Core Construction

Wood cores are made of laminated strips of hardwood that run along the length of the ski. The length of the wooden part of the core can vary depending on the type of core but the wood will often run from the tip to the tail. The strips of wood used are normally different woods, arranged in different patterns, and can have areas that use other materials like foam, carbon, or titanium. By using strips of different types of wood in the laminate, manufacturers are able to use the properties of several types of wood in their cores, and can more accurately shape a ski's characteristics. This is done to give different strengths, flexes, and weights to different areas of a ski. The laminated wood strips are glued together and then precisely CNC machine cut into shape.

Some ski cores also have ridges and shapes incorporated into the top of them, which can often be seen in the shape of the topsheet. Using these ridges and shapes is another way that different flex, stiffness or weight characteristics that can be given to a ski.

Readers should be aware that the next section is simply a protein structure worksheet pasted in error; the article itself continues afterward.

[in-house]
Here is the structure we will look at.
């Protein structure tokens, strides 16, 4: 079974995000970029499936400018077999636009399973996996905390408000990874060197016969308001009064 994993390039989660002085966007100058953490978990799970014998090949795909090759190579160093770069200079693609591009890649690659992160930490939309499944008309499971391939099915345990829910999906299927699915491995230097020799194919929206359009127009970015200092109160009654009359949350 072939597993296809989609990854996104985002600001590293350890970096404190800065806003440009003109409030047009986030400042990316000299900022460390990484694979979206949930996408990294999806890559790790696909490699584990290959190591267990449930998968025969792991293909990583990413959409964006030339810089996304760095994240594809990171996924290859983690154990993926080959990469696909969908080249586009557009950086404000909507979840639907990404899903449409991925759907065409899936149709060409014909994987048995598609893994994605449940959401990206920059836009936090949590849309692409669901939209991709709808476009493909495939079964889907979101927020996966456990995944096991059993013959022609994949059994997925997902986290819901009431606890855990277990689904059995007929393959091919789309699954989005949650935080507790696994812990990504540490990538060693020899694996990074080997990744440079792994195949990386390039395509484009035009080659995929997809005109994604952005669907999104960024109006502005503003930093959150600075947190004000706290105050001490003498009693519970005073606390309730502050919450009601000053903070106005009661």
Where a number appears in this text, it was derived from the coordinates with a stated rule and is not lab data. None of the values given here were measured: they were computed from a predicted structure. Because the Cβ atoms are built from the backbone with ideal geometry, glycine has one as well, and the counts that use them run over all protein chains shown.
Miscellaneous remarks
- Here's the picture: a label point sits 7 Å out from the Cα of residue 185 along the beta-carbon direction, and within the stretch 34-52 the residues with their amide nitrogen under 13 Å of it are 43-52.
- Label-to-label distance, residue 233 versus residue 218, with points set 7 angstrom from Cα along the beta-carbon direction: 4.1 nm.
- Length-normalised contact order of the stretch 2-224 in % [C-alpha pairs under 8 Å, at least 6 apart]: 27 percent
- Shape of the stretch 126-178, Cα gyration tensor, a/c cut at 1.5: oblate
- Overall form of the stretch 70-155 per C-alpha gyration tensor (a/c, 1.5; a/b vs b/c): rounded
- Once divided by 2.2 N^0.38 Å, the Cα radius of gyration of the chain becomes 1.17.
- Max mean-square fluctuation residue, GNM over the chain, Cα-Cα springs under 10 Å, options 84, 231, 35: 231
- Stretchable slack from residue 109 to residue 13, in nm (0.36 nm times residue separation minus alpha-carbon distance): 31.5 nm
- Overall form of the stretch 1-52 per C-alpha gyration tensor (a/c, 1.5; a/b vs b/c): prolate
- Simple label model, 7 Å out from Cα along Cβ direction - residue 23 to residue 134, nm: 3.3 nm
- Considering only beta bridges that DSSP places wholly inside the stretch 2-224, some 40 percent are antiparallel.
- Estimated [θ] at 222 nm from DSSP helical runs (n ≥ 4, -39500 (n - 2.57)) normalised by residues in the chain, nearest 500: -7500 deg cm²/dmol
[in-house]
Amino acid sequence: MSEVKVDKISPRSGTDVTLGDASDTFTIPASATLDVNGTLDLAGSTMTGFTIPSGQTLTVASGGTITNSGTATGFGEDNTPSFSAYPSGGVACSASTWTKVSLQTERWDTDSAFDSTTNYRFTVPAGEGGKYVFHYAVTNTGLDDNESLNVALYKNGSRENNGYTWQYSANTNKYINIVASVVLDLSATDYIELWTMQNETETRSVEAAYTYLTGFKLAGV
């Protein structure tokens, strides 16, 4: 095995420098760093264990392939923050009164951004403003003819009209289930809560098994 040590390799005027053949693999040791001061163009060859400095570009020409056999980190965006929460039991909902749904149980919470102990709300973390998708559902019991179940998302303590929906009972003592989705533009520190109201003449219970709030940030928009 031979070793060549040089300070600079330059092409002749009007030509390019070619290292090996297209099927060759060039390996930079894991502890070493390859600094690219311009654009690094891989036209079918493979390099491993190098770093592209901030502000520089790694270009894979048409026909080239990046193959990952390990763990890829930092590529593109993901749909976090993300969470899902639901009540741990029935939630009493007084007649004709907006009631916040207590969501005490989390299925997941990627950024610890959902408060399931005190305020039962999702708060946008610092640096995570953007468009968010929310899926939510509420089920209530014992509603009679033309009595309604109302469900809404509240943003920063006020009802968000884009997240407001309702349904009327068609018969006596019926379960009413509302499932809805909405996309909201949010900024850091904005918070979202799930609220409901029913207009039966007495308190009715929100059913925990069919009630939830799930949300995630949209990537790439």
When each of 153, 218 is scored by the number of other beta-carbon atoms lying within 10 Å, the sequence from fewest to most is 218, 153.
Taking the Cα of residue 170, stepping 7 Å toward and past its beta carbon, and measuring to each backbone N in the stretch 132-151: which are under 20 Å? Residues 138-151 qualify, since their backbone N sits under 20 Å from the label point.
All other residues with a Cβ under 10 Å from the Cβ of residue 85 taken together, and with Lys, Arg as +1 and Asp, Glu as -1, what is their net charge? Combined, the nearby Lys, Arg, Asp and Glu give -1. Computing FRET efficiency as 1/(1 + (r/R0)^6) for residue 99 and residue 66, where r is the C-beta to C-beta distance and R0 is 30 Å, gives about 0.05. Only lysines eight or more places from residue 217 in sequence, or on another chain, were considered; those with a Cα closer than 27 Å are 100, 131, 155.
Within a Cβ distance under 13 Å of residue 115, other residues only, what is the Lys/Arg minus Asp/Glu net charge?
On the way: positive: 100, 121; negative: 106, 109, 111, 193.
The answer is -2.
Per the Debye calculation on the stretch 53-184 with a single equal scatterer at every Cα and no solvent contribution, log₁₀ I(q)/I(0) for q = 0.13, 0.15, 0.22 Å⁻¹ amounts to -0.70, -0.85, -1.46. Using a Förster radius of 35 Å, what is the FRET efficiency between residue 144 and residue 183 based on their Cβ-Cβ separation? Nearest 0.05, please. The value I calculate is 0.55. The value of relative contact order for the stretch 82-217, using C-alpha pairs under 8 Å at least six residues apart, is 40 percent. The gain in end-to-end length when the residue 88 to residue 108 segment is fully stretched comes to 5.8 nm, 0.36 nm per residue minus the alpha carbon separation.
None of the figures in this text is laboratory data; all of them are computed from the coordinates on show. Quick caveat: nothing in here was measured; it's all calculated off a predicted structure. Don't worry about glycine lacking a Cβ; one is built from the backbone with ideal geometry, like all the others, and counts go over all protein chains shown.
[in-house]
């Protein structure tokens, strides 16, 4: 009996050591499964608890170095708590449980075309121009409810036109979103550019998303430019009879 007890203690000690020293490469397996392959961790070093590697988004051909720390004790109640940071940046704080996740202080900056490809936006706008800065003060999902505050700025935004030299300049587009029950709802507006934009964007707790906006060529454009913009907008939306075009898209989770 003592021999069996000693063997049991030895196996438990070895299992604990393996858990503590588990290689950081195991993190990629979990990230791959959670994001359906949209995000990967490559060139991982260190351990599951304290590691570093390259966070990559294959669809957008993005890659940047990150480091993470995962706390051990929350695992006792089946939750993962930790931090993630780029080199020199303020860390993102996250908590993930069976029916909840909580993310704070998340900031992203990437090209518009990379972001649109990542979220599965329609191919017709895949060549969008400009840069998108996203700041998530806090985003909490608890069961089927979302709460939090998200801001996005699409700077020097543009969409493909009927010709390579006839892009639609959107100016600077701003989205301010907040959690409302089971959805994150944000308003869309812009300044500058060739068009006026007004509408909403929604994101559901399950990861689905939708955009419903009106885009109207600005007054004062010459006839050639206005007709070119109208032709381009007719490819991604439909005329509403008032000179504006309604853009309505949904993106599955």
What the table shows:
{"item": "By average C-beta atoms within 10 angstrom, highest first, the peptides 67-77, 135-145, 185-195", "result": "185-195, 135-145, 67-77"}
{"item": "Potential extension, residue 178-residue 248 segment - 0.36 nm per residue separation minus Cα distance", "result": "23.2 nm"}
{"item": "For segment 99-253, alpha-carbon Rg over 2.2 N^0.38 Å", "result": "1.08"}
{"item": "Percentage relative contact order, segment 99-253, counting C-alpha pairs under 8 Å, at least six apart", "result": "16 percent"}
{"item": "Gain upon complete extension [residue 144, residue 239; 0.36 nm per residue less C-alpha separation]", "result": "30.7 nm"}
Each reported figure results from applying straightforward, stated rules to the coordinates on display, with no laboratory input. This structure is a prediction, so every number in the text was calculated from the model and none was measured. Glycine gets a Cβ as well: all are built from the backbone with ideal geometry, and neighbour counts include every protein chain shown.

Sidewall Construction

The sidewall is the area along the edge of a ski above the metal edge. There are 3 types of construction sidewalls can have, depending on how the ends of the different layers of the ski have been finished.

ABS Sidewall / Sandwich Construction - This is where each layer of the ski is flat and an ABS sidewall is put in at the sides to protect the core. This design is commonly used for racing skis as it transmits pressure to the edges well. ABS sidewalls make skis torsionally stiffer, have better edge grip, and be more resistant to impacts. However they are heavy, and can make skis more easily damaged by the edges when skis cross.

Cap Construction - This is where the composite layer and topsheet are brought down over the core to seal the edge. This design makes the ski a bit lighter and generally makes the topsheet a bit less susceptible to damage, due to the curved shape. However the cap construction is not as torsionally stiff giving less edge grip and handling at high speeds.